Home Heating Oil

Everything you need to know about home heating oil

Home Heating Oil = Diesel

Often times when people think of diesel fuel, they think of dirty engines, loud exhaust and smog. The reality is much cleaner and greener. Home Heating Oil (HHO) is indeed a diesel fuel, known as no. 2 oil. It is however a clean burning fuel that produces less harmful emissions than the methane produced by heating with natural gas.  Our Home Heating Oil has an ultra low sulfur content. This means it burns cleaner than traditional oil, keeps your equipment cleaner longer, and produces less emissions. Heating your home with oil also has less impact on the planet when compared to natural gas or wood burning. It is safer and easier to extract from the earth, and doesn't destroy ecosystems or the landscape like fracking of the natural gas industry. 

Is it Safe? 

Safety is the most important when considering your house and family. We're happy to say Home Heating Oil is extremely safe. Unlike natural gas, liquid diesel is not flammable, nor would inhalation be fatal. At room temperature, dropping a match into home heating oil will do nothing more than snuff out the flame.  HHO is a combustible liquid, with a flash point near 120 degrees Fahrenheit. Once over this temperature, Home Heating Oil will start to vaporize and that vapor is combustible, allowing for a controlled, safe burn within your furnace or boiler.  

Should I Be Worried About Carbon Monoxide? 

Many people have concerns about carbon monoxide when considering oil heat, but thankfully the risk of carbon monoxide poisoning is substantially low and it can be minimized by being proactive. The CDC reports a national average of less than 155 fatal home heating related carbon monoxide incidents per year (including both oil and natural gas). Carbon Monoxide (CO) is a colorless, odorless fume that is created any time you burn fuel, be it gasoline, wood, charcoal or diesel. In unsafe circumstances this gas can build up indoors and cause poisoning, of which the most frequent cause involves use of fuel powered tools and generators.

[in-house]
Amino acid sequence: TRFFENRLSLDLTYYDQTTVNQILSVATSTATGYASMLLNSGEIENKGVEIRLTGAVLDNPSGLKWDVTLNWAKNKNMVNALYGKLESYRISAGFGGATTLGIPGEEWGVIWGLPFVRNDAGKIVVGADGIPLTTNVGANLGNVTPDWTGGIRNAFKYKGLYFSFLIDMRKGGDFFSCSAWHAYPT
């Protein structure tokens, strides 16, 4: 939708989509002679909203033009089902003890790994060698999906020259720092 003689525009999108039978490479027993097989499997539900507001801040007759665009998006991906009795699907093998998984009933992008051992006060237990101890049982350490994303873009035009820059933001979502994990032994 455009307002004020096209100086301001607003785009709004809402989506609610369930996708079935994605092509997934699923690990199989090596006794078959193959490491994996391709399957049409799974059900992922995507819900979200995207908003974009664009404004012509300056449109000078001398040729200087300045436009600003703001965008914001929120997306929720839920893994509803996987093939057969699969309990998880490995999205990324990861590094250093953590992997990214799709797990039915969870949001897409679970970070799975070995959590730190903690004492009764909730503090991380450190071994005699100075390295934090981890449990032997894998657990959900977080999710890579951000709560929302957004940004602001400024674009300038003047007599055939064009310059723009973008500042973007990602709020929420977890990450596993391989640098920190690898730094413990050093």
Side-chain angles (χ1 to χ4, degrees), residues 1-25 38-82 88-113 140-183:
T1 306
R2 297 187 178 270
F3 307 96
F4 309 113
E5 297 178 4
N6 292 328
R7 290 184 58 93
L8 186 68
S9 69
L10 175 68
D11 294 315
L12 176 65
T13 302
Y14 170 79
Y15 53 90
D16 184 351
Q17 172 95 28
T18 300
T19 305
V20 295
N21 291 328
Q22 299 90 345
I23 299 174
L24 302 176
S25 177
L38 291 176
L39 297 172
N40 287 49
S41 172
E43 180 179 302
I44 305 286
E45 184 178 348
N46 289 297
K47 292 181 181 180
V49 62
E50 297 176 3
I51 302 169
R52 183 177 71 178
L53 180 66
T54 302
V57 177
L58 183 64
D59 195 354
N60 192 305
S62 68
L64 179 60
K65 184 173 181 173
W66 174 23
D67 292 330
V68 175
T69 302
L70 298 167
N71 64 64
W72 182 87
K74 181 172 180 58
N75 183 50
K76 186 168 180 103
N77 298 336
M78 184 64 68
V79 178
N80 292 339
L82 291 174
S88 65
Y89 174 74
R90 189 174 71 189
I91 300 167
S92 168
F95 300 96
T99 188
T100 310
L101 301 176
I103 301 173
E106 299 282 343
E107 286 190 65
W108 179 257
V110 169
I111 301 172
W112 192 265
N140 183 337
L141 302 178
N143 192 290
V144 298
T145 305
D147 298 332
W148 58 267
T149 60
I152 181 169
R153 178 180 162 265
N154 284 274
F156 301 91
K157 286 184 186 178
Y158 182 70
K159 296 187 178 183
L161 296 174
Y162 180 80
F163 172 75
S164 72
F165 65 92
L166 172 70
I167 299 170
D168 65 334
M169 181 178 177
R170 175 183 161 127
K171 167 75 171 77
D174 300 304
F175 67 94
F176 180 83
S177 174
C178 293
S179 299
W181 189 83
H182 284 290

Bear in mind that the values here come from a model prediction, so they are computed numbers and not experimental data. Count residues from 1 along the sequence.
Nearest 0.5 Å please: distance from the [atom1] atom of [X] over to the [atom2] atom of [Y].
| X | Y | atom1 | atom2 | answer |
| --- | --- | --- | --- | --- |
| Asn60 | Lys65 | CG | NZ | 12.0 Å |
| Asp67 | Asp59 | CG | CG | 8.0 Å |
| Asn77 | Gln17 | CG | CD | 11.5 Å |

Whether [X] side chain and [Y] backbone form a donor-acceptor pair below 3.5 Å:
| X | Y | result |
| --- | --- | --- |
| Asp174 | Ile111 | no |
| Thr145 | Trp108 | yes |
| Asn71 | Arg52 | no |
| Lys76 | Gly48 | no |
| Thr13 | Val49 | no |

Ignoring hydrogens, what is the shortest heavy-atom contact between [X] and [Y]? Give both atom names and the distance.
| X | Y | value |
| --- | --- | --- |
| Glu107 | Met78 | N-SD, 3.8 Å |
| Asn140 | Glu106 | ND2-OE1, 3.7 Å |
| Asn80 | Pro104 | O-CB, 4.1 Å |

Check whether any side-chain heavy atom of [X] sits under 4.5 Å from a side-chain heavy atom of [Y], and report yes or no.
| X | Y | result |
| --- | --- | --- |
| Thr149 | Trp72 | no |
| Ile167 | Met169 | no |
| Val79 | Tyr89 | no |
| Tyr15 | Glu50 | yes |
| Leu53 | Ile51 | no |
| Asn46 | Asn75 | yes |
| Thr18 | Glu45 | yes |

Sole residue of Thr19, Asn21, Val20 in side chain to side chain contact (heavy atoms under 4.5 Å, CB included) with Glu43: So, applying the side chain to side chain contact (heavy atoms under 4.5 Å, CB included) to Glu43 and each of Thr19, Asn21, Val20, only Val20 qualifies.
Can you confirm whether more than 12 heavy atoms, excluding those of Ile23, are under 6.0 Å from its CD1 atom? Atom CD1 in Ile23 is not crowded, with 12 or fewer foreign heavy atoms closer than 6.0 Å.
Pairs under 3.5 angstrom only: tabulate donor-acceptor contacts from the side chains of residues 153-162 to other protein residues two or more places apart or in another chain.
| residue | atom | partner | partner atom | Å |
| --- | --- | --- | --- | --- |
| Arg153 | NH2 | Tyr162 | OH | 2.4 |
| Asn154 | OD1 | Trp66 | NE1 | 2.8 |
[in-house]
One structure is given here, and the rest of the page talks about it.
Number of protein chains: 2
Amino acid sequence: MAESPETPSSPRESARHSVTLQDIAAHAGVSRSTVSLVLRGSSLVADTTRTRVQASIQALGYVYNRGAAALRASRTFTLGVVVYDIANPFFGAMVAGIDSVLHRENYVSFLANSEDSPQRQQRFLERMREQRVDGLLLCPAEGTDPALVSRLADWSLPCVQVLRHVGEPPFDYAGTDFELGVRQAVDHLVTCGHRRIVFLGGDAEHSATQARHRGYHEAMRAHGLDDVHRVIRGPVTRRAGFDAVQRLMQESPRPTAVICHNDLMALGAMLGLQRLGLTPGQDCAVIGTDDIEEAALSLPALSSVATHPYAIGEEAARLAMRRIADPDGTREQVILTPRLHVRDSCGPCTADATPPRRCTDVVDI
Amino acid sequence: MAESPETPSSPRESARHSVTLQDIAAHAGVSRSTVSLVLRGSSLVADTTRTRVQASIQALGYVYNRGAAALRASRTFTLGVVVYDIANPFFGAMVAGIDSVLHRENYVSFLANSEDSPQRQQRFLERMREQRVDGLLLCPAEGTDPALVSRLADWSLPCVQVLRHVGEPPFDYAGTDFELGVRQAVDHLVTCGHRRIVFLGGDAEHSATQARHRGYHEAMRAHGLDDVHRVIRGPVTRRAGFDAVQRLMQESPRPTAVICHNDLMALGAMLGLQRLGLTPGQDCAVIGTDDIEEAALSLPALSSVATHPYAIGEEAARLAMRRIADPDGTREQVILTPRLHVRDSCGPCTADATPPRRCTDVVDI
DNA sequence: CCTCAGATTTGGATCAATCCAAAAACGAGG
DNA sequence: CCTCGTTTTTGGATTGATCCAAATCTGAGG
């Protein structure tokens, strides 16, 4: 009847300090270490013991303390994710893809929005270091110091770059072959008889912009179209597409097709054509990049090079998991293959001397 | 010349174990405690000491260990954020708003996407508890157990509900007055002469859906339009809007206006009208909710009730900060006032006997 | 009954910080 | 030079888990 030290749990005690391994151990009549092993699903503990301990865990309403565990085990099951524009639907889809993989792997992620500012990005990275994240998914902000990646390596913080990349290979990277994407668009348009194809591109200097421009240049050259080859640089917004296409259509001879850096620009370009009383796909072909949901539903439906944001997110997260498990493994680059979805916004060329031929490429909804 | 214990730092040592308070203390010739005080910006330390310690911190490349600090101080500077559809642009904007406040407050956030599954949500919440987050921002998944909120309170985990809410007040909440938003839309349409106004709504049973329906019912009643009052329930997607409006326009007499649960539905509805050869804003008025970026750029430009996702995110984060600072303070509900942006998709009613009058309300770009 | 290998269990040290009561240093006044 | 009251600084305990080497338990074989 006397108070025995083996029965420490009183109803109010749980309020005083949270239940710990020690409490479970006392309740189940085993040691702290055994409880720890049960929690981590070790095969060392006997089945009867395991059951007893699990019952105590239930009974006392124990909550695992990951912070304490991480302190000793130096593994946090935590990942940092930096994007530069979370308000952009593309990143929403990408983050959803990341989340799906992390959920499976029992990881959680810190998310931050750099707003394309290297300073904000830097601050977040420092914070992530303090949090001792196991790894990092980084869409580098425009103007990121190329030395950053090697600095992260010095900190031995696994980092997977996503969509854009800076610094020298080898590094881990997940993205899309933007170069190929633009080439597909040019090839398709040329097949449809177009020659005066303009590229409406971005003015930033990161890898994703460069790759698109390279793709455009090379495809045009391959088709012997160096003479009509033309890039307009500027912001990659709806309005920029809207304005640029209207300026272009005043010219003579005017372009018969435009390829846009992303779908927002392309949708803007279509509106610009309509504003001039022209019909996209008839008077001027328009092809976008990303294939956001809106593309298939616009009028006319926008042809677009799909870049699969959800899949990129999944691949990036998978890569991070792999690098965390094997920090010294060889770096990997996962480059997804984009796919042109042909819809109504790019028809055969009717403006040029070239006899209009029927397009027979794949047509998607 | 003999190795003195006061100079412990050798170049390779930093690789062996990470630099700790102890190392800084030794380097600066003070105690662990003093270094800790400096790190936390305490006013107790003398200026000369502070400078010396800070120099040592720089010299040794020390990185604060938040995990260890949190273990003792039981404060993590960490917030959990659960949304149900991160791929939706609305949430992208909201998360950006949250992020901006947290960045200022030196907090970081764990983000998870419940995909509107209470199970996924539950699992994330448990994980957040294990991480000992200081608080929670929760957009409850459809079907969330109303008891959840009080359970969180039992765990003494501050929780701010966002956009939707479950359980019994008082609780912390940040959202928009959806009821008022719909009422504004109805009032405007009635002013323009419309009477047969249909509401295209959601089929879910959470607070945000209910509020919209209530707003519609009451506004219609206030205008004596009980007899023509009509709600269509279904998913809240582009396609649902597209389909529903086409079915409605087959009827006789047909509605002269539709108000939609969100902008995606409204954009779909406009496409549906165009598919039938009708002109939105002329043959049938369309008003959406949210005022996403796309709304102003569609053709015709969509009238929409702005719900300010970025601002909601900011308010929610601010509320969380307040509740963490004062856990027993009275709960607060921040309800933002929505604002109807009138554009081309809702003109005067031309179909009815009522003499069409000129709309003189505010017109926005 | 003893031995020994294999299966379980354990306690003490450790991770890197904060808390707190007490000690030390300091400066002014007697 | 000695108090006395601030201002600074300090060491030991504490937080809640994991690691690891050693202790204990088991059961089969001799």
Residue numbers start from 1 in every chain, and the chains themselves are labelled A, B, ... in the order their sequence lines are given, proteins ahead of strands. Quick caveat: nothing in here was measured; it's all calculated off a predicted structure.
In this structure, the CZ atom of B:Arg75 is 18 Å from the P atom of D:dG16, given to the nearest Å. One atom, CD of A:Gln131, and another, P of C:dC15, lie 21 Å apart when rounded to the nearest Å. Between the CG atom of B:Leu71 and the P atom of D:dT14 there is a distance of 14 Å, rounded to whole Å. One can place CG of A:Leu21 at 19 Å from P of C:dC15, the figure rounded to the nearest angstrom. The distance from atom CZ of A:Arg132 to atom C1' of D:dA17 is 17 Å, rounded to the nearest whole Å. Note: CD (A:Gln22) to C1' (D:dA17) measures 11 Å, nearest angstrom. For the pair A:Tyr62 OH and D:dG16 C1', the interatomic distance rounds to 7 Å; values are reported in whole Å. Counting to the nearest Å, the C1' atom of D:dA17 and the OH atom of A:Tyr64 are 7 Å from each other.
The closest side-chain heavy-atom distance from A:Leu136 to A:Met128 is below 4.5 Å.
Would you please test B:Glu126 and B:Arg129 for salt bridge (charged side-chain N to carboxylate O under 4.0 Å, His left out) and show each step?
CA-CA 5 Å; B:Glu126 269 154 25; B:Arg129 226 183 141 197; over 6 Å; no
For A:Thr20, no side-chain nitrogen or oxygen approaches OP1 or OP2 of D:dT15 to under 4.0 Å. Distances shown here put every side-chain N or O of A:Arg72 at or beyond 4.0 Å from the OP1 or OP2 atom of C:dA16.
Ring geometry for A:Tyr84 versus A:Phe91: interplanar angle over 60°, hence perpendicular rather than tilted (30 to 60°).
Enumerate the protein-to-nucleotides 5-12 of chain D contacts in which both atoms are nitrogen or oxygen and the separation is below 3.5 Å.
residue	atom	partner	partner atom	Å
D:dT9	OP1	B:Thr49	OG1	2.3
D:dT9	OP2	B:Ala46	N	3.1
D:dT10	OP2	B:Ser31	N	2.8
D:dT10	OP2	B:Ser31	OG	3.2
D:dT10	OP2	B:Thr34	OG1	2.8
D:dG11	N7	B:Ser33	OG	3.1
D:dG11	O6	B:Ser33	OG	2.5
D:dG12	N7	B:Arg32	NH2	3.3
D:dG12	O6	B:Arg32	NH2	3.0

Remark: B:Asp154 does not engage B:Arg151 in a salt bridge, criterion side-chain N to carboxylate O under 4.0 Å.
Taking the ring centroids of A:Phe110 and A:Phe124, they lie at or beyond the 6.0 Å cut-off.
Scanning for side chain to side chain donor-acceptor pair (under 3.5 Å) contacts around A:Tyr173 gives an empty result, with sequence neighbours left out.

The average home heating oil system is not a major risk and should your system fail or become a CO hazard, you will know thanks to clear signs like soot, visible smoke or odors. We urge all our customers to install a Carbon Monoxide Detector. They are required by law in many states for homes with attached garages or fuel burning furnaces. Installation of a CO detector ensures the safety of your family, but the best way to keep them safe is to keep a clean, well maintained heating system. Be sure to schedule an annual inspection and service, as well as change your air filters every 60-90 days (or more frequently if you have allergies,) to keep your system in top shape. You can learn more about Carbon Monoxide by visiting the Center for Disease Control and Prevention.